Lost in Eze

Recently, I had the privilege of traveling to Nice, France, to celebrate the bar mitzvah of my dear nephew, Shneur Zalman Altabe, son of Rabbi Menachem and Brochie Altabe, Chabad representatives to Nice, France.

There is no greater pleasure than spending time with family; celebrating joyous occasions together. I am blessed to be part of a large family, with siblings living all around the US, Canada, Mexico and France. We value and look forward to seeing one another. Each time I travel to one of my siblings, I leave inspired, moved and rejuvenated. In awe of their beautiful families and the incredible work they do to bring the light of Torah and mitzvot to the remote corners of the world.

Although my sister has been living in Nice for many years, this was my first opportunity to visit and meet her wonderful community.

During my short stay, I had the  privilege to tour some of the beautiful cities in the South of France, with my parents, Dr. and Mrs. Chaim Hecht and sister, Chanie Goldman, Chabad representative to Gainesville, FL.

We drove along  scenic roads, with jaw dropping, picturesque views of majestic mountains, and the deep blue waters of the Mediterranean sea.

Our first stop was in Eze, a charming hilltop town on the Cote d’Azur. Eze is located between Nice and Monaco, and a convenient ride from either city.  It sits 1,401 feet above sea level and overlooks surrounding mountains and breathtaking scenes below. Eze has been described as an “eagle’s nest” because of its location overlooking a high cliff. It’s full of ancient edifices, narrow roads, flowering archways, and winding cobblestone streets. The sheer splendor of this place carried me seemingly out of the boundaries of time.

In my trance, I began to think of the difficult and twisted road that we traveled on to become a people. The secret of Jewish survival. There is something quite remarkable about the Jewish nation. We are such a small percentage of the human race and been through so much suffering in every generation. Yet we are prominent, continue to thrive, and contribute in all areas of society.

We have always been on a spiral course, all the way back to when we left Egypt and became a nation. On Passover we celebrate the exodus and liberation of the Jews from Egypt. We recall the trials and tribulations of the Jews while traveling in the desert. But it was on those winding  roads that the Jews experienced not only hardships, but the greatest miracles in history. G-d split the sea, sent down Manna from heaven, and gave us our most precious gift, the Torah at Mount Sinai. It was there that we became the Jewish people.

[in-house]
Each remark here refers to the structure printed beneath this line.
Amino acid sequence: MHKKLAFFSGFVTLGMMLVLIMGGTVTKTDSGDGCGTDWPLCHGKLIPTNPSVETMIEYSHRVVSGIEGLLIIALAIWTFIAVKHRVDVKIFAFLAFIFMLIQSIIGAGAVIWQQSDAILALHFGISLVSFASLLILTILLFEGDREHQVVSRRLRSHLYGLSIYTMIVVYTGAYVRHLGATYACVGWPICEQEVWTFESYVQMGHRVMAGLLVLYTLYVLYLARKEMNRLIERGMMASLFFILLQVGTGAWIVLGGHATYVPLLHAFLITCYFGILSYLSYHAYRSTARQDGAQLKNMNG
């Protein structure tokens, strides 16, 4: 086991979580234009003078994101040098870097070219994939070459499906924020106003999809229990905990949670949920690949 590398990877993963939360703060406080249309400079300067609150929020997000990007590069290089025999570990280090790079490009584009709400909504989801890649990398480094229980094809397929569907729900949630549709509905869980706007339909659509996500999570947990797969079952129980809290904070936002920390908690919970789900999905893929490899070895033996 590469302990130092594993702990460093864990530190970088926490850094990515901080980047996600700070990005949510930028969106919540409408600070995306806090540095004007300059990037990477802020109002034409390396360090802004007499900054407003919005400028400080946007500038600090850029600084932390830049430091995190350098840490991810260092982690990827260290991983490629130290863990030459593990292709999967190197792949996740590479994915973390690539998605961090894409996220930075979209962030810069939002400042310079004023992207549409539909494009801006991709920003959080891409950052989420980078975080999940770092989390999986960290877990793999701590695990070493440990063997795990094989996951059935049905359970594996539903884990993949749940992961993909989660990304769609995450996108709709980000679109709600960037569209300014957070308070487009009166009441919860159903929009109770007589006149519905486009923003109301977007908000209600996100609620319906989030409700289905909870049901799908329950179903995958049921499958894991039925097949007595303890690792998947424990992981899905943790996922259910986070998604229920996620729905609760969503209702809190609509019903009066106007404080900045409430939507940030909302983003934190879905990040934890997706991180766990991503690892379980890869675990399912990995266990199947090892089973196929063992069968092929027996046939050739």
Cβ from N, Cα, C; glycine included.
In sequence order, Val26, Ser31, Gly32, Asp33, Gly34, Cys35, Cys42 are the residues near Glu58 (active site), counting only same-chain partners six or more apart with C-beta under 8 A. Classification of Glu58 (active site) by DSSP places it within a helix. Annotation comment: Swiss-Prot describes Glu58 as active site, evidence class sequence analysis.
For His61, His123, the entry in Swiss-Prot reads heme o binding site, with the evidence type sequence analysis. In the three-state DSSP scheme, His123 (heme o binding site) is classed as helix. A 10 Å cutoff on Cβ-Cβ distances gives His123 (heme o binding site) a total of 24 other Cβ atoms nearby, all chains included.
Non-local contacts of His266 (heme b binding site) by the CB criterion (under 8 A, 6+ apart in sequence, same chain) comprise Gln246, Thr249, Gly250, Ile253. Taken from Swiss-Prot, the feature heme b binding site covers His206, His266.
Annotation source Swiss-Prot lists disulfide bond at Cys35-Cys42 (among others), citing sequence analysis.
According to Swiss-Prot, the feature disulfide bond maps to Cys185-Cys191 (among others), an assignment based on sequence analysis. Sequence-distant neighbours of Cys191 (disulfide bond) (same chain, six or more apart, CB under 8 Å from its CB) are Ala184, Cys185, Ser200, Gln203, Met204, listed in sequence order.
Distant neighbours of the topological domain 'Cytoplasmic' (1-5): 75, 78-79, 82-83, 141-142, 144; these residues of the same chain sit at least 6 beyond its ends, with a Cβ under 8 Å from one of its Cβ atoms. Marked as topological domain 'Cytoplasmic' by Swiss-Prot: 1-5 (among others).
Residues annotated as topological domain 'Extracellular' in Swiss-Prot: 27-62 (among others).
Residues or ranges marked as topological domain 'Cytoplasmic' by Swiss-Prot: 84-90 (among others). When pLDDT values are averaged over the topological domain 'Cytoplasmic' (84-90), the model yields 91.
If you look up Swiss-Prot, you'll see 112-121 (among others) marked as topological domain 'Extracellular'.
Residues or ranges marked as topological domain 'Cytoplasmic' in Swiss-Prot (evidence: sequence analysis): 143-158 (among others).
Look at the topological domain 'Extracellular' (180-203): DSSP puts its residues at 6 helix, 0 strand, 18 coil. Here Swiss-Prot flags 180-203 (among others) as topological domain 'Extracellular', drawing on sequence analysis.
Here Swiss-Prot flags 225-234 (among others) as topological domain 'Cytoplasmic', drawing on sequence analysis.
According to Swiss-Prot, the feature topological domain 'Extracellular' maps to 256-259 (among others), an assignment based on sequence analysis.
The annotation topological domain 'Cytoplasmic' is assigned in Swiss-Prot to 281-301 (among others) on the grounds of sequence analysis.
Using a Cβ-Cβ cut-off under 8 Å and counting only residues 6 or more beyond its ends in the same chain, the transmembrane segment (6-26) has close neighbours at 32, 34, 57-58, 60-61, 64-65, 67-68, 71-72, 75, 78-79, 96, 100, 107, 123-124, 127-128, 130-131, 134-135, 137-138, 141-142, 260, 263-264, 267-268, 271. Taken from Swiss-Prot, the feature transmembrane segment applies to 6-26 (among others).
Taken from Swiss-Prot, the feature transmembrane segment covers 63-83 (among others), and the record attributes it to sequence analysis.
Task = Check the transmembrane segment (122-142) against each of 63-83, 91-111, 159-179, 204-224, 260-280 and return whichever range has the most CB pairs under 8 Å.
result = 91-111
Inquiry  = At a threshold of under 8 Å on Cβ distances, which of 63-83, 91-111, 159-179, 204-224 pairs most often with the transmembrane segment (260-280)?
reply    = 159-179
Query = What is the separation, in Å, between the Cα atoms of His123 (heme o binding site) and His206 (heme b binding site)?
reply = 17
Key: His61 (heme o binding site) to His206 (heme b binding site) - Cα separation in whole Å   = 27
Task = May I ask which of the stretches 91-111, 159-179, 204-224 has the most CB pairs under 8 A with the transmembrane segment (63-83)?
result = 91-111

We all travel through life, sometimes on back roads, other times on prominent boulevards, with various obstacles along the way. There are no clear maps or satellites to navigate the uncertain paths ahead. We simply have to adjust.  While there is no obvious “one size fits all” solution to becoming more resilient in the tough times, these difficult situations offer us opportunities for growth, and a different lens to view ourselves and evaluate the important things in the world around us.

I thought about my own personal “winding roads” over the past few years. There were the many challenges of taking care of our son with leukemia, the ups and downs, hospital visits, treatments, family pressures and struggles. But then as often as  the roads constricted, they suddenly widened with the love and care of friends and family from near and far. The constant support, encouragement, and tremendous blessings have been a compass to pull us around the difficult turns along the way.

We need to recognize the beauty in our lives, even while occasionally traveling on uncharted pathways of life. We can rise above our challenges, like Eze, surrounded by twisted trails yet washed in splendor high above the ground below.

I am so grateful for my quick trip abroad and the lessons that I learned. Every day in life is a blessing, and every experience is one to learn from. In the desert, the Jews ended each day with the strong belief that the next morning would bring them Manna from heaven, clean clothing, security in the wilderness and all their basic needs.

We inherited this trust as we close our eyes at night. We know wherever our path will lead tomorrow, there are endless hidden gifts along the way. We just have to open our minds and hearts to find them.

About the Author
Baila Brackman is the co-director of the Rohr Chabad Center for Jewish Life and Learning at the University of Chicago. She lives in Chicago with her husband and five children.
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